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How ETFs Have Made the Gold Price Volatile

Since their introduction, gold ETFs have been one of the most volatile sources of gold demand and supply. Through 2012 as gold prices rose, investors ploughed money into ETFs

Morningstar Equity Analysts 3 December, 2015 | 7:38AM

ETFs are fairly new to gold. The first ETF backed by physical gold was launched in Australia in 2003. However, it wasn't until November 2004 when State Street Global Advisors and the World Gold Council launched SPDR Gold Shares (GLD) that gold-backed ETFs really took off. Although GLD is by far the largest, a number of gold-backed ETFs give investors direct exposure. By the end of 2014, ETFs held more than 1,600 tonnes of gold, equal to about six months of mine supply.

ETFs Have Had a Volatile Impact on Gold

Since their introduction, gold ETFs have been one of the most volatile sources of demand and, at times, supply. Through 2012 as gold prices rose, investors ploughed money into ETFs, leading to peak holdings of nearly 2,700 tonnes, equivalent to about one year's mine supply.

Graph showing the demand for gold through ETF investing

As prices dropped in 2013 and 2014, ETF investors sold in droves, flooding the market with more than 1,000 tonnes of net supply.

ETF Holdings Track Gold Prices

The reasons for investing in gold through jewellery, bars, or coins, are the same for ETFs. However, we lack the country-level ownership data of ETFs to appropriately gauge the likeliness of ETF investors to invest in gold over alternative assets. However, there is a strong historical relationship between the actual spot gold price and the level of gold ETF holdings, as measured in tonnes to avoid counting the impact of price in both factors: The higher the gold price, the more money flows into gold ETFs.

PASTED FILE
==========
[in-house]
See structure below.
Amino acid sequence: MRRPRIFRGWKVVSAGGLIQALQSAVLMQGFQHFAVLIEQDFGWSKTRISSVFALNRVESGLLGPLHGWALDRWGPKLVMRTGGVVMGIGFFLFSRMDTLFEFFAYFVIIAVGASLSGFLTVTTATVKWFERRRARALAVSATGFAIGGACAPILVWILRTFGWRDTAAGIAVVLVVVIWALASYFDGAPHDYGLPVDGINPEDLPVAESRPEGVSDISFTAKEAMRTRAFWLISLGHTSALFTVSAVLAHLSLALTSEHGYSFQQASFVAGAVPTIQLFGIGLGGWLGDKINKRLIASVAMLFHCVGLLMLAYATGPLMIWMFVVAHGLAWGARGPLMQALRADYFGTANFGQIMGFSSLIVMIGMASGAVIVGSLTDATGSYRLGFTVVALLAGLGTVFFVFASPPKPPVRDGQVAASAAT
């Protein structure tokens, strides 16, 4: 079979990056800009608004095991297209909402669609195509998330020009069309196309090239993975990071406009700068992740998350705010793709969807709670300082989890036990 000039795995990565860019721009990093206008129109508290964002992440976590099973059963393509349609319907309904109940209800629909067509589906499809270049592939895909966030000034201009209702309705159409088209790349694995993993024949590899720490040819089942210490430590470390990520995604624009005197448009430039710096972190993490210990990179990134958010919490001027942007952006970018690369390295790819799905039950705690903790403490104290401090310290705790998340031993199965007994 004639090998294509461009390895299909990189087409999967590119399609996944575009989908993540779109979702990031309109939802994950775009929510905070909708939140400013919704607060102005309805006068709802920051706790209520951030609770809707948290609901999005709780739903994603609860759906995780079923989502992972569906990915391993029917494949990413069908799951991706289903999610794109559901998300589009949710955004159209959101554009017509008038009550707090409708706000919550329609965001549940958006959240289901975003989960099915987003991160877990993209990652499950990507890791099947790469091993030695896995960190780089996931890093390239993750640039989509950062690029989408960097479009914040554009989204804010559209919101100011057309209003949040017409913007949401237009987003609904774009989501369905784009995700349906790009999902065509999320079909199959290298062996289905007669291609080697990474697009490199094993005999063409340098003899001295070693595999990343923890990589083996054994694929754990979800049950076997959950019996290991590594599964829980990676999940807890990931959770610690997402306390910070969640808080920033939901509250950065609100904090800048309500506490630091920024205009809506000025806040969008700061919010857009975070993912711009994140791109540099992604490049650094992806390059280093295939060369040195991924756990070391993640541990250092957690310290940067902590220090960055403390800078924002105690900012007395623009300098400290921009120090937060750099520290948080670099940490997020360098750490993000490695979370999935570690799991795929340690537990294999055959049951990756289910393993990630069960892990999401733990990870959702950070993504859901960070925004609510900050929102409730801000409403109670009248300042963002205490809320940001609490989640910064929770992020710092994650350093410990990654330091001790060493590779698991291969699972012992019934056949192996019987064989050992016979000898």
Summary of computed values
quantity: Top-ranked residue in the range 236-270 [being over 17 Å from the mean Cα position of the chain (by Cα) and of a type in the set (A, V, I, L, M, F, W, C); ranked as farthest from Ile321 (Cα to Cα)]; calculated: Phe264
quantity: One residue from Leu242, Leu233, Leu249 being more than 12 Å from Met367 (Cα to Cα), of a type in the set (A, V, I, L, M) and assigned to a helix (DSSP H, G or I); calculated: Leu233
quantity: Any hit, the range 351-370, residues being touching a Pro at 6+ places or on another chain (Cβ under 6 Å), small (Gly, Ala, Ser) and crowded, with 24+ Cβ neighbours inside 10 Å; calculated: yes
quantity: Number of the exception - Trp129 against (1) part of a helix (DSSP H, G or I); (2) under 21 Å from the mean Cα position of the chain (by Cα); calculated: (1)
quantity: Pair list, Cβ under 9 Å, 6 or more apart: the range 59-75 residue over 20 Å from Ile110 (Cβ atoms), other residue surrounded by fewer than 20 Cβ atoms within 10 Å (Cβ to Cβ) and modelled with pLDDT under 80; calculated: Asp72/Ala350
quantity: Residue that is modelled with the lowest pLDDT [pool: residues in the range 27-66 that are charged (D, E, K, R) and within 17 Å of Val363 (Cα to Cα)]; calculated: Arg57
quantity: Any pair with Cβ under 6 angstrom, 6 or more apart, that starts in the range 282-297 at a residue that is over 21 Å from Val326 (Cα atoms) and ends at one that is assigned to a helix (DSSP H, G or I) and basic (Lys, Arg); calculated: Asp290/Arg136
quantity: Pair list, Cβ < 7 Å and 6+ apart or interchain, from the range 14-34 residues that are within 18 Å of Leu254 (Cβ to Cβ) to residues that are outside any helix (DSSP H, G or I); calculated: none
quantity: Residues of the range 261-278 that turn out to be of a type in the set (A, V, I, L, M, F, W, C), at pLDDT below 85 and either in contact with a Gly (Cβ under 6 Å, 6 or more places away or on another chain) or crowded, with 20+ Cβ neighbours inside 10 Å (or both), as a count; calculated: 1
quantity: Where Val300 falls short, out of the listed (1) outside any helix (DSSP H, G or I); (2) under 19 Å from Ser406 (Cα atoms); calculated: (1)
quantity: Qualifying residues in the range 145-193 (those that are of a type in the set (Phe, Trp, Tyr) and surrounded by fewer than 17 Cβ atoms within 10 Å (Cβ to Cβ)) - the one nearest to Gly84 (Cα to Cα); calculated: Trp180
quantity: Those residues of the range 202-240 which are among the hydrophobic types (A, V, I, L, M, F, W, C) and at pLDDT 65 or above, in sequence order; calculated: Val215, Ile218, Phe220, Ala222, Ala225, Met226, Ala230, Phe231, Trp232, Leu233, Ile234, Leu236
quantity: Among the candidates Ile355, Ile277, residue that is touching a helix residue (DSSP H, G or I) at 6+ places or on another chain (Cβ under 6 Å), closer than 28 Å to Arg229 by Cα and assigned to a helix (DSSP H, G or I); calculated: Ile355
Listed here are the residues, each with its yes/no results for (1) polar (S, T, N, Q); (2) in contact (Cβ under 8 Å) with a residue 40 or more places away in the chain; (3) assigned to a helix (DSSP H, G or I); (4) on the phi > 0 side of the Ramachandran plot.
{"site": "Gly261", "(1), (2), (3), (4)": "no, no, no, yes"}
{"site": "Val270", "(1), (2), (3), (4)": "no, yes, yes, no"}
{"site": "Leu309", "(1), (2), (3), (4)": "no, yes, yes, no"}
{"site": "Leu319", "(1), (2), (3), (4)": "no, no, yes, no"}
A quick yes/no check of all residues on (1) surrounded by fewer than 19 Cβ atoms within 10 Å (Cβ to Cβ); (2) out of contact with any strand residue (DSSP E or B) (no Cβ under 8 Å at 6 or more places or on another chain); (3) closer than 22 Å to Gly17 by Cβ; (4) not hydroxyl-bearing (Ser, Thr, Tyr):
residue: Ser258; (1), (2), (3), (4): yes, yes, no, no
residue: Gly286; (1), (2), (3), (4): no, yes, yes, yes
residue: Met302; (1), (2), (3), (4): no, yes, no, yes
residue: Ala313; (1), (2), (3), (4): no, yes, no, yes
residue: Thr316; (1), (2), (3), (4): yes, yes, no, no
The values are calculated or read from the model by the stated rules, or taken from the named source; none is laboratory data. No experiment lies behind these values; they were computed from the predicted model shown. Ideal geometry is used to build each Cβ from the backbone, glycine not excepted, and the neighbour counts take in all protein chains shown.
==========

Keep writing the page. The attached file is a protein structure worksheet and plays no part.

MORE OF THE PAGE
Graph predicting global ownership of gold ETFs in future

Given the strong historical relationship between ETF holdings and gold prices, we use our gold price forecast through 2020 to estimate ETF holdings. Since we expect neither a momentous jump nor a cratering in gold prices, gold ETF holdings should be fairly stable. In other words, despite the strong historical impact that ETFs have had on gold in some years, we expect them to have little impact on long-term gold volumes.

In theory, we would expect gold ETF holdings to hold some relationship to the value of the equity market. If a market portfolio held a fixed weighting of gold, we would expect the portfolio to acquire more gold as the market portfolio rises in value in order to maintain the fixed weighting. However, this doesn't appear to match actual market behaviour when it comes to ETFs.

The information contained within is for educational and informational purposes ONLY. It is not intended nor should it be considered an invitation or inducement to buy or sell a security or securities noted within nor should it be viewed as a communication intended to persuade or incite you to buy or sell security or securities noted within. Any commentary provided is the opinion of the author and should not be considered a personalised recommendation. The information contained within should not be a person's sole basis for making an investment decision. Please contact your financial professional before making an investment decision.

Securities Mentioned in Article
Security NamePriceChange (%)Morningstar
Rating
SPDR® Gold Shares119.17 USD0.86-
About Author

Morningstar Equity Analysts  Morningstar stock and fund analysts cover 2,000 mutual funds, 2,100 equities, and 300 exchange-traded funds.